In defending the idea of the wall, Trump fired back at Democrats who had called the wall medieval-era technology. “They say it’s a medieval solution, a wall. It’s true, because it worked then and it works even better now,” Trump said, as we waited for him to move on to catapults and moats.
There are other options. Someone could give in. Except that the Democrats won’t and Trump can’t — the base in either case would revolt. Or Trump could try to trade the future of the DACA kids for the wall, which Democrats once proposed and which he rejected. I doubt if Democrats, who are winning the battle of the polls, would make that deal again. And if Trump did agree to the deal, he’d get the same blowback from Fox, Coulter, Rush et al.
So, he could …
Well, I hope it’s not another Oval Office TV appearance, which I guarantee didn’t change anyone’s mind. Presidents speak to the country from the Oval Office only in true emergencies. In Trump’s brief but lie-filled speech, delivered in his teleprompter-style monotone, he attempted to turn wall-funding into a humanitarian venture, even reading the lines that this is “a crisis of the heart, and a crisis of the soul.”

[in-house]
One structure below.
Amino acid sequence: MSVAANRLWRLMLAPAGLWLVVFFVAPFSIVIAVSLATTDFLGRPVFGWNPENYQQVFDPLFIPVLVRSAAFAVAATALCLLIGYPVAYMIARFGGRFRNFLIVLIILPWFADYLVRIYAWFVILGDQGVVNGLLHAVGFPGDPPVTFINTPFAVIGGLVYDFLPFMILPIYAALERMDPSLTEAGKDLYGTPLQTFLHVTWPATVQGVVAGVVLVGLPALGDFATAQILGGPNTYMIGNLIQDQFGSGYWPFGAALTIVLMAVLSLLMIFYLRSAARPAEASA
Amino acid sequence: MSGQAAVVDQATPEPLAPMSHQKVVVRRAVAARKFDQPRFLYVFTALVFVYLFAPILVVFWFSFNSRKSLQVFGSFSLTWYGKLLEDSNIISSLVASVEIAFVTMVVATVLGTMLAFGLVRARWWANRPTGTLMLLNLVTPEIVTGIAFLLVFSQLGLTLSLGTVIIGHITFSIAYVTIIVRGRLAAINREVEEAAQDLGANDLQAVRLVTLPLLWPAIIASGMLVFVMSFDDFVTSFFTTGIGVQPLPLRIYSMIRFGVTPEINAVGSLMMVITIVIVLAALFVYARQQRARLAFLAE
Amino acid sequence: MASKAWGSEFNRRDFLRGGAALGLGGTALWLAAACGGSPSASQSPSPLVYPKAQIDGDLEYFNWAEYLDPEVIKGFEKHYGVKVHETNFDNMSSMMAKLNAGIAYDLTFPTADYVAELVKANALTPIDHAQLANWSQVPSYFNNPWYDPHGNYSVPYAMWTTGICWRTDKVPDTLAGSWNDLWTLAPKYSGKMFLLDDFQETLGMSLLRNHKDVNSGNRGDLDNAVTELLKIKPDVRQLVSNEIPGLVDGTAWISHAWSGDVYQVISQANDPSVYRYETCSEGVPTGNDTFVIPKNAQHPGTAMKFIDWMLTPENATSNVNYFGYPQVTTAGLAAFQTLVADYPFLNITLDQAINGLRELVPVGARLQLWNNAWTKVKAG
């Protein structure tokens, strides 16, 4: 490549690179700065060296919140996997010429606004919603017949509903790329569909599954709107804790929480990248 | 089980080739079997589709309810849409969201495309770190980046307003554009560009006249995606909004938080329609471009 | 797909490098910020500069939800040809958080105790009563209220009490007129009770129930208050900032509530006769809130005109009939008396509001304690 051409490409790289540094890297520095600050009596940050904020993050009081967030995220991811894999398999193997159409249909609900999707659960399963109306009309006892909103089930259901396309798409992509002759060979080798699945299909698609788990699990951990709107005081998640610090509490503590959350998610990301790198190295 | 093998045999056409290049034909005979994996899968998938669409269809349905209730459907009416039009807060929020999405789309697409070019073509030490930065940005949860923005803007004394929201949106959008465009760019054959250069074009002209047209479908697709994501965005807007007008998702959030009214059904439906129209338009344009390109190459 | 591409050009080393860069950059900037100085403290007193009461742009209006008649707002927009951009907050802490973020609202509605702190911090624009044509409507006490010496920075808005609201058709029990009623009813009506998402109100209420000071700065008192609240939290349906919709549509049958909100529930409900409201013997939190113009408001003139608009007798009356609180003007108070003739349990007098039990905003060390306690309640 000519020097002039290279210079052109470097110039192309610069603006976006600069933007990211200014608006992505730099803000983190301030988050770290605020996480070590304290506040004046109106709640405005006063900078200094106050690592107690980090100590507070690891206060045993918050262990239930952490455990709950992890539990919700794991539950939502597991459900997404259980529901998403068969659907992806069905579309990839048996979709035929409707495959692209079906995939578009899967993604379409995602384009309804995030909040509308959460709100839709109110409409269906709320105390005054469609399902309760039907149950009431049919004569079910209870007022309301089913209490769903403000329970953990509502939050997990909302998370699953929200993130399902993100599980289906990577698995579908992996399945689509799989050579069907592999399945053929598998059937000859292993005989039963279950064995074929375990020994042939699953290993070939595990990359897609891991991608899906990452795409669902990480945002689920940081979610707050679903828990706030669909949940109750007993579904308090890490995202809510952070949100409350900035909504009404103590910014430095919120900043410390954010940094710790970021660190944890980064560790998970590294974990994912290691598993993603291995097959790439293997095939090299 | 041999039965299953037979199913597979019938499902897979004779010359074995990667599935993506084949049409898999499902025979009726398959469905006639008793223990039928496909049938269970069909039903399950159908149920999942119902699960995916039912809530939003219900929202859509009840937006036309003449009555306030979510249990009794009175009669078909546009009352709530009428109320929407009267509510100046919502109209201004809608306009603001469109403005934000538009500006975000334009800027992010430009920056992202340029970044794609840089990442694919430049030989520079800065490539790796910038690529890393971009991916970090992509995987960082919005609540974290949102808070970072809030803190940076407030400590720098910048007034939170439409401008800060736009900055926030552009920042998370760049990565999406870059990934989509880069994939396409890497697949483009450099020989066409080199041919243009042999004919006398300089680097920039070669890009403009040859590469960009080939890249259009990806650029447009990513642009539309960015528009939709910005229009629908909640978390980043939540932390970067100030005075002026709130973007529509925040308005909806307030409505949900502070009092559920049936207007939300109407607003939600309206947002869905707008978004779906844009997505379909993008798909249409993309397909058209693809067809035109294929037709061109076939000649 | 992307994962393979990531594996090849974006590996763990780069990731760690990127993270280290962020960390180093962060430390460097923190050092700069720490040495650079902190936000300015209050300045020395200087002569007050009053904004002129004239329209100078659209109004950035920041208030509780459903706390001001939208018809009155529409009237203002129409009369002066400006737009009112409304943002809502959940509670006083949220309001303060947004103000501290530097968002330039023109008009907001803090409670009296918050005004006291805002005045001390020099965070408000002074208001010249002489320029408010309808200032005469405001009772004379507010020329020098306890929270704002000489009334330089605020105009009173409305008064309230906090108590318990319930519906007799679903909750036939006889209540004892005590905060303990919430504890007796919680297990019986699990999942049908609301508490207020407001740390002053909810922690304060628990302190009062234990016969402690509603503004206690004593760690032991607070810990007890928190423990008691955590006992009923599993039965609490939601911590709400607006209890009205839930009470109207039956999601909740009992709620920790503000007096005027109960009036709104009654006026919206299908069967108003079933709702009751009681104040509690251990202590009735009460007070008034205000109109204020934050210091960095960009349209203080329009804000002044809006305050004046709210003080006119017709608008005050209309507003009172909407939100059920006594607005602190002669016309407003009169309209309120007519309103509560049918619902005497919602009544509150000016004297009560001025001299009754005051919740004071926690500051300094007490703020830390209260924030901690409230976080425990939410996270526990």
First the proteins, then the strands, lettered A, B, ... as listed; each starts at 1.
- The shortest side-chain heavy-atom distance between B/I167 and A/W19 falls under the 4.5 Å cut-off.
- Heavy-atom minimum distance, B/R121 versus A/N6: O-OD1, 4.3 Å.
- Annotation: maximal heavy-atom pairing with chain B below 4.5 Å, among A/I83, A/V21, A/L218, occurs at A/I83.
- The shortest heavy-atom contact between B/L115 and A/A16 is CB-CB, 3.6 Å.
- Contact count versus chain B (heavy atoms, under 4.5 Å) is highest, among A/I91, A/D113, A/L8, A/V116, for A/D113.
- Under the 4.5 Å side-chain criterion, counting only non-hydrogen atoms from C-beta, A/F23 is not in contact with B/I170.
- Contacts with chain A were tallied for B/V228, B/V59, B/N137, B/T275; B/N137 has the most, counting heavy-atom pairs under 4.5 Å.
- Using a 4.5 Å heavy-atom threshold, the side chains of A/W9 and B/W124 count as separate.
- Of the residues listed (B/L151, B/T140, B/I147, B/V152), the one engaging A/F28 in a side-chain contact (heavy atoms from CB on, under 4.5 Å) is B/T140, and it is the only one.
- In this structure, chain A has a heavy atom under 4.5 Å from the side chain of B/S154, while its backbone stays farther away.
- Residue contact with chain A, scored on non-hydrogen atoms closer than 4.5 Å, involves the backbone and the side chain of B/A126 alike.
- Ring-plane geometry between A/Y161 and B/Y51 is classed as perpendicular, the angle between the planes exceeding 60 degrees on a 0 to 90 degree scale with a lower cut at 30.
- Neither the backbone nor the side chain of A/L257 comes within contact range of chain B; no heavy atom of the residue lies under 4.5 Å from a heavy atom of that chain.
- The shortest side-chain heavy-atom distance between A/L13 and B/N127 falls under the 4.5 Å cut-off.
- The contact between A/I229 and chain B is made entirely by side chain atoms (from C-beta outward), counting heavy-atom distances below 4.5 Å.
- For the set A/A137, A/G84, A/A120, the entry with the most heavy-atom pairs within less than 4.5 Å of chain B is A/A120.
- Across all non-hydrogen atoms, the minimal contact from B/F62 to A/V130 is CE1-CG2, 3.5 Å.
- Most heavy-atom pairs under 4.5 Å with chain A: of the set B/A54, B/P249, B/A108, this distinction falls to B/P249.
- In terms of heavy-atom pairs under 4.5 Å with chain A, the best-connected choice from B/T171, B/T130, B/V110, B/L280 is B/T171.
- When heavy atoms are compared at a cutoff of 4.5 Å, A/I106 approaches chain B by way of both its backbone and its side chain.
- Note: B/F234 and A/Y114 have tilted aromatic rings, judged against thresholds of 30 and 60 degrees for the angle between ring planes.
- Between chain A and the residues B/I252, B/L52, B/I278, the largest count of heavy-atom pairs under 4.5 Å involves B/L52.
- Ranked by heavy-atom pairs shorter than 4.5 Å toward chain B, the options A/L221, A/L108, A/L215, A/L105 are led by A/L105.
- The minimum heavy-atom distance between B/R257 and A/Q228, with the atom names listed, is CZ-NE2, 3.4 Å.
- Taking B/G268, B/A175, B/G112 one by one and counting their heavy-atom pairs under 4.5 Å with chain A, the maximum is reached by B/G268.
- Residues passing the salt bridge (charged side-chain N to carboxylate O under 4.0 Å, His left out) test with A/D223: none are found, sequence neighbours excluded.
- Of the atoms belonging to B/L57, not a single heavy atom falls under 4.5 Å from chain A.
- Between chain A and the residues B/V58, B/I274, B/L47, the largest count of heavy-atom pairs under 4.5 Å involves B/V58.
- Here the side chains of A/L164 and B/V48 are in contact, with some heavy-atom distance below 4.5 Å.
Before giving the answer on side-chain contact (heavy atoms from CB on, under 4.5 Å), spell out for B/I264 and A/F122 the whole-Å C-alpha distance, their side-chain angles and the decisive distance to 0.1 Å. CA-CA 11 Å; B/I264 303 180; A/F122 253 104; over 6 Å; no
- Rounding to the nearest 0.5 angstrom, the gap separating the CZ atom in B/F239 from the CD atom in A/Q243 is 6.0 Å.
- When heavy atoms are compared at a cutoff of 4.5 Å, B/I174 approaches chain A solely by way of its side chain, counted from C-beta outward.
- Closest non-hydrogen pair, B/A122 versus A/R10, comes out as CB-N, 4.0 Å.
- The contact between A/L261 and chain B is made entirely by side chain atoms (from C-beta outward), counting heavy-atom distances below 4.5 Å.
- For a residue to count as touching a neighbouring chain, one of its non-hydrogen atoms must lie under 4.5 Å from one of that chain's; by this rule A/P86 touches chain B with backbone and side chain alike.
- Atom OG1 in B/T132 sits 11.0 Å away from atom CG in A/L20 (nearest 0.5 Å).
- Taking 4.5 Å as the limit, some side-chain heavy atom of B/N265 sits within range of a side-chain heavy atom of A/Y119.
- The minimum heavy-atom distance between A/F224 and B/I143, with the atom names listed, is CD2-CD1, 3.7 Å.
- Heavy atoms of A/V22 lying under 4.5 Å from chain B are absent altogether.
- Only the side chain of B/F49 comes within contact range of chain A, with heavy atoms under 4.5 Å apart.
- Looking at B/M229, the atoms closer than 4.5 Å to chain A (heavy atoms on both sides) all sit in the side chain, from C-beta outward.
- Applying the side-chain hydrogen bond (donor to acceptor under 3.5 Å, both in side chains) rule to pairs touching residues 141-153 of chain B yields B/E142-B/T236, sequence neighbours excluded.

At that point, the viewer had two options — throw up a little in your mouth or laugh out loud. The kids-in-cages guy is going the humanitarian route. Trump must have believed that Pelosi and Schumer would be moved by his sudden attention to the children. In any case, Trump was fortunate that the Democratic response to the president, given jointly by Pelosi and Schumer while sharing a podium, was just as low energy as Trump’s speech. On Twitter, the scene was being compared to Grant Wood’s American Gothic, although, to be fair, the Dem response apparently got better ratings than Trump did.